Trump is getting precious little support from Republicans. It could be fatal.
By Paul Waldman, August 26, 2016
Donald Trump has always operated on the Great Man Theory of the presidency, which in his telling says that solving problems isn’t about institutions or parties or interests or complex systems, but about one top-notch guy making things happen through the force of his will. As he famously said during his convention speech: “I alone can fix it.”
Well, now Donald Trump is truly alone.
In the wake of both his immigration gyrations of the last couple of days and Hillary Clinton’s searing indictment of his “taking hate groups mainstream and helping a radical fringe take over the Republican Party,” something extraordinary happened: He got almost no support from any Republican who wasn’t literally on his payroll. When you turn on cable news or read your newspaper or listen to talk radio, you won’t find what you almost always do in situations like this one: Democrats reinforcing the message of their party’s nominee and Republicans pushing back with the message of their party’s nominee. It’s been practically a one-sided conversation.
That won’t repeat itself on every issue, of course, but in these last two months of the campaign, Trump may get less support from his own putative allies than any candidate in modern history.
Ever since he became the party’s presumptive nominee, Trump’s unpopularity has left Republicans in a difficult position. They didn’t want to be tainted by his more extreme statements, but they also didn’t want to upset Republican voters by abandoning the party’s nominee. So they would endorse him but disagree with him on this or that point, and emphasize how important it is that Hillary Clinton not become president.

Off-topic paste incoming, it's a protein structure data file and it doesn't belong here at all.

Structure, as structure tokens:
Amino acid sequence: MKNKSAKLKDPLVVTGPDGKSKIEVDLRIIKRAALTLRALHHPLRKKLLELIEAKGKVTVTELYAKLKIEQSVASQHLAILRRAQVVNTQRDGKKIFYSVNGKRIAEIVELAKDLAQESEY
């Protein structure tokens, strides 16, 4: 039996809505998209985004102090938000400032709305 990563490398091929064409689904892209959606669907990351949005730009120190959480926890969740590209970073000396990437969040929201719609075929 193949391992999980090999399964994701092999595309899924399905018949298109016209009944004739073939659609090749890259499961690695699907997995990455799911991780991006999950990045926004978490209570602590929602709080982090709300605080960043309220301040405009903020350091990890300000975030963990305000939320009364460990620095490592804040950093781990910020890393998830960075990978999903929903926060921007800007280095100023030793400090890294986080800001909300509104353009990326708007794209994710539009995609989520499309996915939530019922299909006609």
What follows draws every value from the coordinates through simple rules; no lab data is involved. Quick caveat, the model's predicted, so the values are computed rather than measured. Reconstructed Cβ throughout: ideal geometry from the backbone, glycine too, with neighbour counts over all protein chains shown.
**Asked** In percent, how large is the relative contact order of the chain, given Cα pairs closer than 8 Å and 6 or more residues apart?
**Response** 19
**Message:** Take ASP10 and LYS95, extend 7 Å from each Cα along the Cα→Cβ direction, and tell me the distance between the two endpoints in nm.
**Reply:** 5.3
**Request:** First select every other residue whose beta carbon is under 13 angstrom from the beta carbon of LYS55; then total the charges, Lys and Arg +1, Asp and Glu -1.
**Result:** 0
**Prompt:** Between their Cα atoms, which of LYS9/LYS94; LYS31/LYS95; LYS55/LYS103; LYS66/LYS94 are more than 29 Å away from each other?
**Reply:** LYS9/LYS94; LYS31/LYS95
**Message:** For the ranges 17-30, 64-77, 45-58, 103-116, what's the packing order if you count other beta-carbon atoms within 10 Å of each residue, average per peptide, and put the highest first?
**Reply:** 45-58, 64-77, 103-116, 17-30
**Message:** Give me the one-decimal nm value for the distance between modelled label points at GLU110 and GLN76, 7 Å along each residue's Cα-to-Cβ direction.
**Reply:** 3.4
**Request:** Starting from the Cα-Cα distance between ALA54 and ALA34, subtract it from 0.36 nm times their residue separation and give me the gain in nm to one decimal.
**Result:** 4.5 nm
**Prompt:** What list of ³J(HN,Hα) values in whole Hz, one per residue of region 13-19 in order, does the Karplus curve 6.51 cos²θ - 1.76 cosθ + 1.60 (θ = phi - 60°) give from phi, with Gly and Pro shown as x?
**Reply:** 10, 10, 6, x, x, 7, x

But that distancing has been raised to a new level. In ordinary circumstances, when the other party’s candidate offers an attack as brutal as what Clinton said yesterday, the ensuing debate is two-sided. Yet as Chuck Todd noted this morning:
“No Republicans outside the campaign said, ‘How dare you, Hillary Clinton, call the Republican nominee a racist.’ The sound of silence among mainstream Republican elected officials yesterday is stunning.”Spokespeople for Paul Ryan and Mitch McConnell both said their bosses hadn’t watched the speech, so no comment. When asked why Trump didn’t get backup from Republican officeholders, RNC communication chief Sean Spicer said, “I don’t know. I think Congress is in recess.” Congress is indeed in recess, but that doesn’t mean Republican members are off at monastery observing a vow of silence.
“By my quick tally, there have been 86 tweets from Republican members of Congress since Clinton’s speech,” Philip Bump reports. “A handful have dealt with the presidential race; none can be interpreted as a defense of Donald Trump.”
Here’s why that’s so important. One of the key functions of debate around issues and controversies is to signal to the rank-and-file where they’re supposed to stand. If something like the Law of the Sea Treaty suddenly became a hot issue, Democrats and Republicans would begin with little in the way of coherent opinions, but would gradually take on the positions of the politicians and media figures they trust. The more attention and discussion the issue got, the more the public would polarize in its beliefs.